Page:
FISH is a randomized controlled trial comparing surgical treatment with plate fixation and non-surgical treatment with functional bracing in patients with humeral shaft fracture.

Why is this trial needed?

Humeral shaft fractures account for 1%–3% of all fractures. There is approximately 60000 emergency department visits annually due to humeral shaft fracture in the United States alone.

The majority of humeral shaft fractures have traditionally been treated nonoperatively while surgery has been reserved for more complex cases. The outcome of nonoperative treatment has generally been reported to be good, but concerns have been expressed with regards to the rate of non-unions that has been shown to be as high as 33% in some studies. In contrast, the rate of union after surgical treatment has been as high as 98%, but surgery is inherently related to certain complications, such as infection and iatrogenic radial nerve palsy

The paucity of high-quality evidence to inform the most appropriate treatment choices has resulted in a marked increase in the surgical treatment of humeral shaft fractures in the past two decades. There is, however, little evidence to support this evolution.

What is the primary objective of the FISH study?

The FISH (Finnish Shaft of the Humerus) trial is an ongoing prospective, randomized controlled trial comparing the effectiveness and cost-effectiveness between surgery (open reduction and plate osteosynthesis) and nonoperative treatment (functional bracing) of humeral shaft fractures. 82 patients with humeral shaft fracture have been randomly assigned to surgery or to non-surgical treatment with functional bracing. We are following the patients for 10 years and comparing the results of the two groups at different time points.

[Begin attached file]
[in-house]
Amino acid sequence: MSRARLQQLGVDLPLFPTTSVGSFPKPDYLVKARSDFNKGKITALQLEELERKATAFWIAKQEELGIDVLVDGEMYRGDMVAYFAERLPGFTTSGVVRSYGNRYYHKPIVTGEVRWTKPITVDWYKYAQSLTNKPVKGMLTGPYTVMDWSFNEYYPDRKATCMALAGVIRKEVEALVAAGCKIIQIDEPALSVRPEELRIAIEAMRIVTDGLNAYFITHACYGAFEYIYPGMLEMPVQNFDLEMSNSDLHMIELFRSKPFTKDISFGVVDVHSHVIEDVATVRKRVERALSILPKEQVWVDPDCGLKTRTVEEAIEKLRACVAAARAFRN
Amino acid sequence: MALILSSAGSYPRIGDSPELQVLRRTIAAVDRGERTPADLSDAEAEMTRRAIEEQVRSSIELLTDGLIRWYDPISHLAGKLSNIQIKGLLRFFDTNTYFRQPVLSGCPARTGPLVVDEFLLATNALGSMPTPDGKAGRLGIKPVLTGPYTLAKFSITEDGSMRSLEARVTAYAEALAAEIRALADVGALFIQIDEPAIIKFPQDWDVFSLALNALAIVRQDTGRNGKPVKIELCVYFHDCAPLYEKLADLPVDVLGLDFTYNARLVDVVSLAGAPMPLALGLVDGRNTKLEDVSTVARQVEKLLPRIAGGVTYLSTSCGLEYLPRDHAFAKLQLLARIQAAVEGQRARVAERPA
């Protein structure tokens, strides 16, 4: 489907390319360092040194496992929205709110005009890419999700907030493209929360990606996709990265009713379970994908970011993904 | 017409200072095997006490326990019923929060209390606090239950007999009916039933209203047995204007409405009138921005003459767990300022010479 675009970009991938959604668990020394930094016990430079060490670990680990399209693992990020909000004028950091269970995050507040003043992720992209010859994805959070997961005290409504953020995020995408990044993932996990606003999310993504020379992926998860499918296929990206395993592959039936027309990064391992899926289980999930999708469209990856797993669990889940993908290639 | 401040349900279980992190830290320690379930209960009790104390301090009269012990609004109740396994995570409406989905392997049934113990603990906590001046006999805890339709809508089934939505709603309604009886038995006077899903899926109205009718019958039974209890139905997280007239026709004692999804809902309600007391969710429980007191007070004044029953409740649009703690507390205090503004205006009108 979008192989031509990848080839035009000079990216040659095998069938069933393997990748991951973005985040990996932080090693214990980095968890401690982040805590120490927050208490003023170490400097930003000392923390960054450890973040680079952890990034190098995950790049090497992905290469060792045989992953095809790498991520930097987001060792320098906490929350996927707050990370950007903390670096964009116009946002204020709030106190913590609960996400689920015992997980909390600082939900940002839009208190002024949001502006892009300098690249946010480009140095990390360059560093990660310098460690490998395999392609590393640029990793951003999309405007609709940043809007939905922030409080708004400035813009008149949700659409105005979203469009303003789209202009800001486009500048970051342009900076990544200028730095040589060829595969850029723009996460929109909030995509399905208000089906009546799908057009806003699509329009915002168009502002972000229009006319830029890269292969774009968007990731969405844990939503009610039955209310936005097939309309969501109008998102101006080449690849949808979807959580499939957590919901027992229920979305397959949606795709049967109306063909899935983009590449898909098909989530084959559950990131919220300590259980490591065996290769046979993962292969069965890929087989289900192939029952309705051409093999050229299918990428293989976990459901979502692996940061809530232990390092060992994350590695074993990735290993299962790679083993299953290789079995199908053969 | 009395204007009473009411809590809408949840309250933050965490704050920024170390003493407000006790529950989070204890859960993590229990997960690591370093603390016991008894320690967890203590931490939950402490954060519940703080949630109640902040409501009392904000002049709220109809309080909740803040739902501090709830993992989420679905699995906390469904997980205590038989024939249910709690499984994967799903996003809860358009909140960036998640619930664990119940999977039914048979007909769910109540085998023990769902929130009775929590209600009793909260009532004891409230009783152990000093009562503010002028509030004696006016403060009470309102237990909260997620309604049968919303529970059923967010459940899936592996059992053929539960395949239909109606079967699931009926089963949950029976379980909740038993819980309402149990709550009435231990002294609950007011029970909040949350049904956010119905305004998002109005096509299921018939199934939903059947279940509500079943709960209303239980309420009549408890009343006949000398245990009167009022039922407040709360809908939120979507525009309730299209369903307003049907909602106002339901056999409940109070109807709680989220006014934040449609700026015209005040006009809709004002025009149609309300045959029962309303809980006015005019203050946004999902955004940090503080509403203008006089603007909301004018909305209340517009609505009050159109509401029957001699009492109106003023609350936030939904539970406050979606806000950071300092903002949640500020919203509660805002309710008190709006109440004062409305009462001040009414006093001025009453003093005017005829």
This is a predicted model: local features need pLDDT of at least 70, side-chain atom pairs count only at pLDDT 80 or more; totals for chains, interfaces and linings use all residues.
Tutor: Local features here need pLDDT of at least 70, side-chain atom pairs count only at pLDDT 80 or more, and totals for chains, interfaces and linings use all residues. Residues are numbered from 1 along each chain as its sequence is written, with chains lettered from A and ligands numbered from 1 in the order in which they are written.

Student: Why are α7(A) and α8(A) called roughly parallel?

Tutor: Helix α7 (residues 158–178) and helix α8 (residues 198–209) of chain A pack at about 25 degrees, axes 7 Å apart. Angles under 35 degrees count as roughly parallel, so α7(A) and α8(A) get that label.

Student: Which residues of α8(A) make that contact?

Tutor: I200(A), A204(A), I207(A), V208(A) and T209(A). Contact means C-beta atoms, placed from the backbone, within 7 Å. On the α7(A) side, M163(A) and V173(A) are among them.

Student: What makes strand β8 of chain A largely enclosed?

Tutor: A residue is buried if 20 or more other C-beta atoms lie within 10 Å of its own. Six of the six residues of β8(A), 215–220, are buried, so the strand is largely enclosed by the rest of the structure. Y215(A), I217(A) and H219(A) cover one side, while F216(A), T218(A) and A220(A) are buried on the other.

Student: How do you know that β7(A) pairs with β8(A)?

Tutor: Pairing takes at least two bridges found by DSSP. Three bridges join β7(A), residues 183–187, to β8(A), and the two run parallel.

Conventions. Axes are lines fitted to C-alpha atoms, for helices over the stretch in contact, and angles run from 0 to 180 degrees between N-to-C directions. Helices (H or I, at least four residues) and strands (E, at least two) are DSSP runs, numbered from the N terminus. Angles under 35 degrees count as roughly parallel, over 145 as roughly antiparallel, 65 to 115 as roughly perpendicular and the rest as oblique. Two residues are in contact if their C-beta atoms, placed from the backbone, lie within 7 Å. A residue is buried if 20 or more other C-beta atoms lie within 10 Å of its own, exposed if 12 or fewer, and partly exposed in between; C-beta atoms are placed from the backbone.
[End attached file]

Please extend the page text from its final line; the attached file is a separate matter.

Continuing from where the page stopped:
FISH trial spinoffs

Over the years, we have expanded the scope of the FISH trial to include several subprojects and coined this entity the ‘FISH study’. So far, we have done an epidemiological study, PASS-MID -study on the most commonly used upper-extremity PROMs in humeral shaft fracture patients. Currently, we are working an a publication comparing the randomized and non-randomized FISH trial participants, a study on the prognostic perfomance of the RUSHU (Radiographic Union Score for HUmeral fractures) score, a study on the effect of fracture malunion on PROMs, and a study on prediction of treatment failure in humeral shaft fracture patients.

Where are we now?

The 1-, 2-, and 5-year follow-ups have been carried out and published. Currently, we are analyzing the cost-effectiveness data of the FISH trial, and the 10-year follow-up is still ongoing (completion in Jan 2028).

So far, we have published:

The protocol article of the trial in 2017

Results of the 1-year follow-up 

Results of the 2-year follow-up 

Results of the 5-year follow-up

MID-PASS publication

Epidemiological study

Principal investigators

Lasse Rämö

MD, PhD, Orthopaedic Surgeon, Senior researcher

Mika Paavola

Deputy research director, chief surgeon, adjunct professor

Bakir O. Sumrein

MD, Orthopaedic surgeon

Vesa Lepola

MD, PhD, Orthopaedic surgeon

Simo Taimela

Adjunct professor, Research director

Thomas Ibounig

MD, Orthopaedic surgeon

Project team

Teppo Järvinen, Prof – Jonas Ranstam, Prof – Tuomas Lähdeoja, MD



Thomas Ibounig, MD – Eerik Hällfors, MD – Mikko Salmela, MD – Miia Mäntysaari, MD – Robert Björkenheim, MD – Cyrill Suter, MD – Henrik Mattila, MD – Antti Launonen, MD, PhD – Antti Malmivaara, MD, PhD – Pasi Aronen, statistician

Clinical research coordinators:

Leena Caravitis – Seija Rautiainen